Many of the time series data exhibits a seasonal variation which is annual period, such as sales and temperature readings.  This type of variation is easy to understand and can be easily measured or removed from the data to give de-seasonalized data.Seasonal Fluctuations describes any regular variation (fluctuation) with a period of less than one year for example cost of variation types of fruits and vegetables, cloths, unemployment figures, average daily rainfall, increase in sale of tea in winter, increase in sale of ice cream in summer etc., all show seasonal variations.The changes which repeat themselves within a fixed period, are also called seasonal variations, for example, traffic on roads in morning and evening hours, Sales at festivals like EID etc., increase in the number of passengers at weekend etc. Seasonal variations are caused by climate, social customs, religious activities etc.
2. Other Cyclic Changes (Cyclical Variation or Cyclic Fluctuations)
Time series exhibits Cyclical Variations at a fixed period due to some other physical cause, such as daily variation in temperature. Cyclical variation is a non-seasonal component which varies in recognizable cycle. sometime series exhibits oscillation which do not have a fixed period but are predictable to some extent. For example, economic data affected by business cycles with a period varying between about 5 and 7 years.In weekly or monthly data, the cyclical component may describes any regular variation (fluctuations) in time series data. The cyclical variation are periodic in nature and repeat themselves like business cycle, which has four phases (i) Peak (ii) Recession (iii) Trough/Depression (iv) Expansion.
3. Trend (Secular Trend or Long Term Variation)
It is a longer term change. Here we take into account the number of observations available and make a subjective assessment of what is long term. To understand the meaning of long term, let for example climate variables sometimes exhibit cyclic variation over a very long time period such as 50 years. If one just had 20 years data, this long term oscillation would appear to be a trend, but if several hundreds years of data is available, then long term oscillations would be visible.These movements are systematic in nature where the movements are broad, steady, showing slow rise or fall in the same direction. The trend may be linear or non-linear (curvilinear). Some examples of secular trend are: Increase in prices, Increase in pollution, increase in the need of wheat, increase in literacy rate, decrease in deaths due to advances in science.Taking averages over a certain period is a simple way of detecting trend in seasonal data. Change in averages with time is evidence of a trend in the given series, though there are more formal tests for detecting trend in time series.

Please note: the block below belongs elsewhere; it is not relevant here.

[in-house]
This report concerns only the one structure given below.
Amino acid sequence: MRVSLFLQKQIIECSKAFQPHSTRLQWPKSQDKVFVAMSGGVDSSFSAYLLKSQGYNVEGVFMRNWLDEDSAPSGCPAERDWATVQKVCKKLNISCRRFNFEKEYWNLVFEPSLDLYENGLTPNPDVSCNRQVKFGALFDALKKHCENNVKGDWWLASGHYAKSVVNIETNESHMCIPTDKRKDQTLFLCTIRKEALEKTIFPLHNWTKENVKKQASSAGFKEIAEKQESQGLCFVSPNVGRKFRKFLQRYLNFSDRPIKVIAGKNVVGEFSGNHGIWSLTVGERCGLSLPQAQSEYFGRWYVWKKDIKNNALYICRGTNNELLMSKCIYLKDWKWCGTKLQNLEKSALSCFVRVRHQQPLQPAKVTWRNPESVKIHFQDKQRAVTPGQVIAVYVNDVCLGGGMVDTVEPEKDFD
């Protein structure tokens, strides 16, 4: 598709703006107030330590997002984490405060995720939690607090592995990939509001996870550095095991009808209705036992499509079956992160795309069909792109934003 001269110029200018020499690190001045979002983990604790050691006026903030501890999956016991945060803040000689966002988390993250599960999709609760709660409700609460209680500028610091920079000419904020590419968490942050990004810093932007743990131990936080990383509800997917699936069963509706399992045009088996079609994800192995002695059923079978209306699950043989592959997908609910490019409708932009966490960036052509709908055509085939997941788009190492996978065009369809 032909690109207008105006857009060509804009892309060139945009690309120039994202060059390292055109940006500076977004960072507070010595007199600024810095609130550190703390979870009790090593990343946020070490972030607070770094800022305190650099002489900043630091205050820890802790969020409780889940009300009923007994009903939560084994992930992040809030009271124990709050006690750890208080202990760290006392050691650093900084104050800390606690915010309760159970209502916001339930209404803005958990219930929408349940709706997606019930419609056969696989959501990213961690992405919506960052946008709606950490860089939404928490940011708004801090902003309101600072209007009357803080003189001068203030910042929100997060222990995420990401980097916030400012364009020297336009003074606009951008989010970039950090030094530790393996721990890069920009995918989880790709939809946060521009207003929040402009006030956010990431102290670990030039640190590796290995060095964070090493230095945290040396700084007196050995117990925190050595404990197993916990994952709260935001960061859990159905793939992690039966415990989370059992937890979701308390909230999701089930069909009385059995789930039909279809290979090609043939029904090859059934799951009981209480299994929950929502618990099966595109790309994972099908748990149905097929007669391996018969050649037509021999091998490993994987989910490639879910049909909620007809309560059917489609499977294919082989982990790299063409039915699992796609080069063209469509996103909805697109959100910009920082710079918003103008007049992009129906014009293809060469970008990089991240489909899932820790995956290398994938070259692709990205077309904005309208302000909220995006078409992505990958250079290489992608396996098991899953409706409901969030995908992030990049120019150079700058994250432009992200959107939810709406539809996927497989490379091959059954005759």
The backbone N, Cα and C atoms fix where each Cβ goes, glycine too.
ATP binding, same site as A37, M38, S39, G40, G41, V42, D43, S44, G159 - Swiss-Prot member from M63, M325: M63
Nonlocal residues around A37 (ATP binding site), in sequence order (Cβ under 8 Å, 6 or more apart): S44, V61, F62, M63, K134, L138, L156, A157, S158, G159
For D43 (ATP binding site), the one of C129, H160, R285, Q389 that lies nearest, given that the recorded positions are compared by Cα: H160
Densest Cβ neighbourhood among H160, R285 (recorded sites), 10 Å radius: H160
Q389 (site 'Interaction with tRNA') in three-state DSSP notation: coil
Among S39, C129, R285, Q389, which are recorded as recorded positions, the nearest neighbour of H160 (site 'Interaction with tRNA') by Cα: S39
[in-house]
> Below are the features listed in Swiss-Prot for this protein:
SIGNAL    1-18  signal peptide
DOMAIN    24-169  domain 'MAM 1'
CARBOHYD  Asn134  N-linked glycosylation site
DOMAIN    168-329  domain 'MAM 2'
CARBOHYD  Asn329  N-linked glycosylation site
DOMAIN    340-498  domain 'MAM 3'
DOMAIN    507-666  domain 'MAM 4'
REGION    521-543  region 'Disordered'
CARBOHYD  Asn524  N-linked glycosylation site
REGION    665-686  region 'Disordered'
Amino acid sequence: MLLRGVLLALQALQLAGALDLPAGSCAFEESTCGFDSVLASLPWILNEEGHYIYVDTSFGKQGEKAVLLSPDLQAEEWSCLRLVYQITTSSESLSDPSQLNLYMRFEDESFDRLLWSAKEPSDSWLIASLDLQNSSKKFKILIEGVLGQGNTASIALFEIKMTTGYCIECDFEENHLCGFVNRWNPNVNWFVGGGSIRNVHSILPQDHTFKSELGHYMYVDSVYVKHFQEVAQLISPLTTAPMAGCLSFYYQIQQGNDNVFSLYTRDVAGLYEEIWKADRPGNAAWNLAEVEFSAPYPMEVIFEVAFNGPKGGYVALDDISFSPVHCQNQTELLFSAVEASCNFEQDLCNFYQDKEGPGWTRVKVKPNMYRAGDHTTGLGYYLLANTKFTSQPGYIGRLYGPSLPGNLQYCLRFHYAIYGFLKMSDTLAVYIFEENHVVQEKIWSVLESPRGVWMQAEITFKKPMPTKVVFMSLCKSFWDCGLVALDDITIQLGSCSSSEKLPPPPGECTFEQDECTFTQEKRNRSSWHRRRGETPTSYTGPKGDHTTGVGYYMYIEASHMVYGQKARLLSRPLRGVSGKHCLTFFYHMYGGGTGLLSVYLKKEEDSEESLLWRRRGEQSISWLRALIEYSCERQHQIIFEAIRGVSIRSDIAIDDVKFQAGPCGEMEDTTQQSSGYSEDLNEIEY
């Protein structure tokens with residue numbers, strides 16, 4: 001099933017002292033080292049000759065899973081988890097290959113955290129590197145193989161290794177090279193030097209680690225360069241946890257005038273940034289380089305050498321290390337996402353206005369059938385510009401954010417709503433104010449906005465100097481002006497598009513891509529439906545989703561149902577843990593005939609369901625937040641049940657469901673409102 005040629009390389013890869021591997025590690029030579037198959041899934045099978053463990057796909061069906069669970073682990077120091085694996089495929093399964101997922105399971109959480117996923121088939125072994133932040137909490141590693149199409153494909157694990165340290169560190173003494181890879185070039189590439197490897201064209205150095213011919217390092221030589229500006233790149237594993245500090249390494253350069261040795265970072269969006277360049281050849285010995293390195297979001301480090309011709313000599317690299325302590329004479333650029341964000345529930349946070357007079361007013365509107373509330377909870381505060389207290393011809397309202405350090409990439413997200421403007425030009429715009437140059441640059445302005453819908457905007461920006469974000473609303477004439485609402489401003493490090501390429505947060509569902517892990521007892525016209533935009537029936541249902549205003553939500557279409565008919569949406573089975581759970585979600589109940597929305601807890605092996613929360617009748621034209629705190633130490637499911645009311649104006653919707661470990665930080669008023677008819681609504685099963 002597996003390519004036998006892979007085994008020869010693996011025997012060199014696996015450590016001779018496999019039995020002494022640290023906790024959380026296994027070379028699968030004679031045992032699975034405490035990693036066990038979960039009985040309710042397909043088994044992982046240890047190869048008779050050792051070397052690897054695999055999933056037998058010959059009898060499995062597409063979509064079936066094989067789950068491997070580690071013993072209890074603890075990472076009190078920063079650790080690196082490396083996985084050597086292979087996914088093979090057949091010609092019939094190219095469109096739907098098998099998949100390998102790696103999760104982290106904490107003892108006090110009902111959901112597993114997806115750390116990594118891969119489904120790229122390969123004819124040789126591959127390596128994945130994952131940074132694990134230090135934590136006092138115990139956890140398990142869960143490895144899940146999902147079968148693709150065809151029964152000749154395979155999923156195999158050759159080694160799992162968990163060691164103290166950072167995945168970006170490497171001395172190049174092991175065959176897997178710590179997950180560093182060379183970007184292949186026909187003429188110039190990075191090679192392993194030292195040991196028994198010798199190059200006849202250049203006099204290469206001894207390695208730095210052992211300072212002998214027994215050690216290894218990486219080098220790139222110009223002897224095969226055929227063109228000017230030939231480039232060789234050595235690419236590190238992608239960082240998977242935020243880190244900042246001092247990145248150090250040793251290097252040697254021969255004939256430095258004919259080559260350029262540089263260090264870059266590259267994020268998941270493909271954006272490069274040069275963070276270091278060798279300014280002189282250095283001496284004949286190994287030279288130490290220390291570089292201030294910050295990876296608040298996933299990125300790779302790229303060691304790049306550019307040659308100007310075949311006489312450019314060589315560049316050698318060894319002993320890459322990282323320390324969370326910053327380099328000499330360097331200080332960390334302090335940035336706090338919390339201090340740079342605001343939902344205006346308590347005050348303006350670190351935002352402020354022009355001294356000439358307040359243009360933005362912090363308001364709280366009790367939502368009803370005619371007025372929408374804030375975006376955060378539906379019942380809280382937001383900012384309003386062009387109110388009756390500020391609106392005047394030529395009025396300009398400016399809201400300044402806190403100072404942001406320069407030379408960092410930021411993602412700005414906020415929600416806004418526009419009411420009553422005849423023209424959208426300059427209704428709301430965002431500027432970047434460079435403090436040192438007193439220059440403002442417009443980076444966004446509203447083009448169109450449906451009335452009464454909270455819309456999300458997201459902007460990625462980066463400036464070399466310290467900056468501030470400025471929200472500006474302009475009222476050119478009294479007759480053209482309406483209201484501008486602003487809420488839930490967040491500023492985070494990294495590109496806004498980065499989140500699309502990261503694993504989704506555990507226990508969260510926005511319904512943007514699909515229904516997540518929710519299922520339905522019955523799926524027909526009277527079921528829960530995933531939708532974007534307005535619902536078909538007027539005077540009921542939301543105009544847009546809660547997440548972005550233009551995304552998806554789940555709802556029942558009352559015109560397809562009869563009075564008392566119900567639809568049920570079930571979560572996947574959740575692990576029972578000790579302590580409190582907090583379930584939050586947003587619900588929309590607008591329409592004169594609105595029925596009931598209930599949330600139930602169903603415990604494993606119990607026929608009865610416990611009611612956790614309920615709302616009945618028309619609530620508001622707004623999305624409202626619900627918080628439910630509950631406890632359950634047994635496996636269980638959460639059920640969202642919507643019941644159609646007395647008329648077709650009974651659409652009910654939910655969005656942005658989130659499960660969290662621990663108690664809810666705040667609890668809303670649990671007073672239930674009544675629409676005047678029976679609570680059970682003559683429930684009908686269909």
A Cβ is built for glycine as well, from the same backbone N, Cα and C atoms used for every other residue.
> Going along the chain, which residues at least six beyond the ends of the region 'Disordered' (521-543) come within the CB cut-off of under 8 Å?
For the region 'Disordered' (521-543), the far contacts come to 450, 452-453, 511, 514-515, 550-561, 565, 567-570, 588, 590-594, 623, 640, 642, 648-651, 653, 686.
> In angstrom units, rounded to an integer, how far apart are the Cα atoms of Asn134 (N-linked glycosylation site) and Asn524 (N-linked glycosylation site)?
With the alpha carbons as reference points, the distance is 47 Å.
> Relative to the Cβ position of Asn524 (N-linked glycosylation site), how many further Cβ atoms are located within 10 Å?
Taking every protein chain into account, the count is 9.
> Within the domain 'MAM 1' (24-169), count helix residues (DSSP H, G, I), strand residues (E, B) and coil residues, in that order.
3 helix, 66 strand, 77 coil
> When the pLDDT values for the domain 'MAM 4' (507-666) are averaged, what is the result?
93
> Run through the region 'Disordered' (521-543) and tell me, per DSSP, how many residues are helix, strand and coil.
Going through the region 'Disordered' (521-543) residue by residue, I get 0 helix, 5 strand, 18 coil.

4. Other Irregular Variation (Irregular Fluctuations)
When trend and cyclical variations are removed from a set of time series data, the residual left, which may or may not be random. Various techniques for analyzing series of this type examine to see “if irregular variation may be explained in terms of probability models such as moving average or autoregressive  models, i.e. we can see if any cyclical variation is still left in the residuals.These variation occur due to sudden causes are called residual variation (irregular variation or accidental or erratic fluctuations) and are unpredictable, for example rise in prices of steel due to strike in the factory, accident due to failure of break, flood, earth quick, war etc.

Component of Time Series Data

## Objectives of Time Series Analysis

There are many objectives related to time series analysis, objectives of time series analysis may be classified as

The description of the objectives of time series analysis are as follows:

## Description

The first step in the analysis is to plot the data and obtain simple descriptive measures (such as plotting data, looking for trends,  seasonal fluctuations and so on) of the main properties of the series. In above figure , there is a regular seasonal pattern of price change although this price pattern is not consistent. Graph enables to look for “wild” observations or outlier (not appear to be consistent with the rest of the data). Graphing the time series make possible the presence of turning points where upward trend suddenly changed to a downward trend. If there is turning point, different models may have to be fitted to the two parts of the series.

## Explanation

Observations taken on two or more variables, making possible to use the variation in one time series to explain the variation in another series. This may lead to deeper understanding. Multiple regression model may be helpful in this case.

## Prediction

Given an observed time series, one may want to predict the future values of the series. It is an important task in sales of forecasting and is the analysis of economic and industrial time series. Prediction and forecasting used interchangeably.

## Control

When time series generated to measure the quality of a manufacturing process (the aim may be) to control the process. Control procedures are of several different kinds. In quality control, the observations are plotted on control chart and the controller takes action as a result of studying the charts. A stochastic model is fitted to the series. Future values of the series are predicted and then the input process variables are adjusted so as to keep the process on target.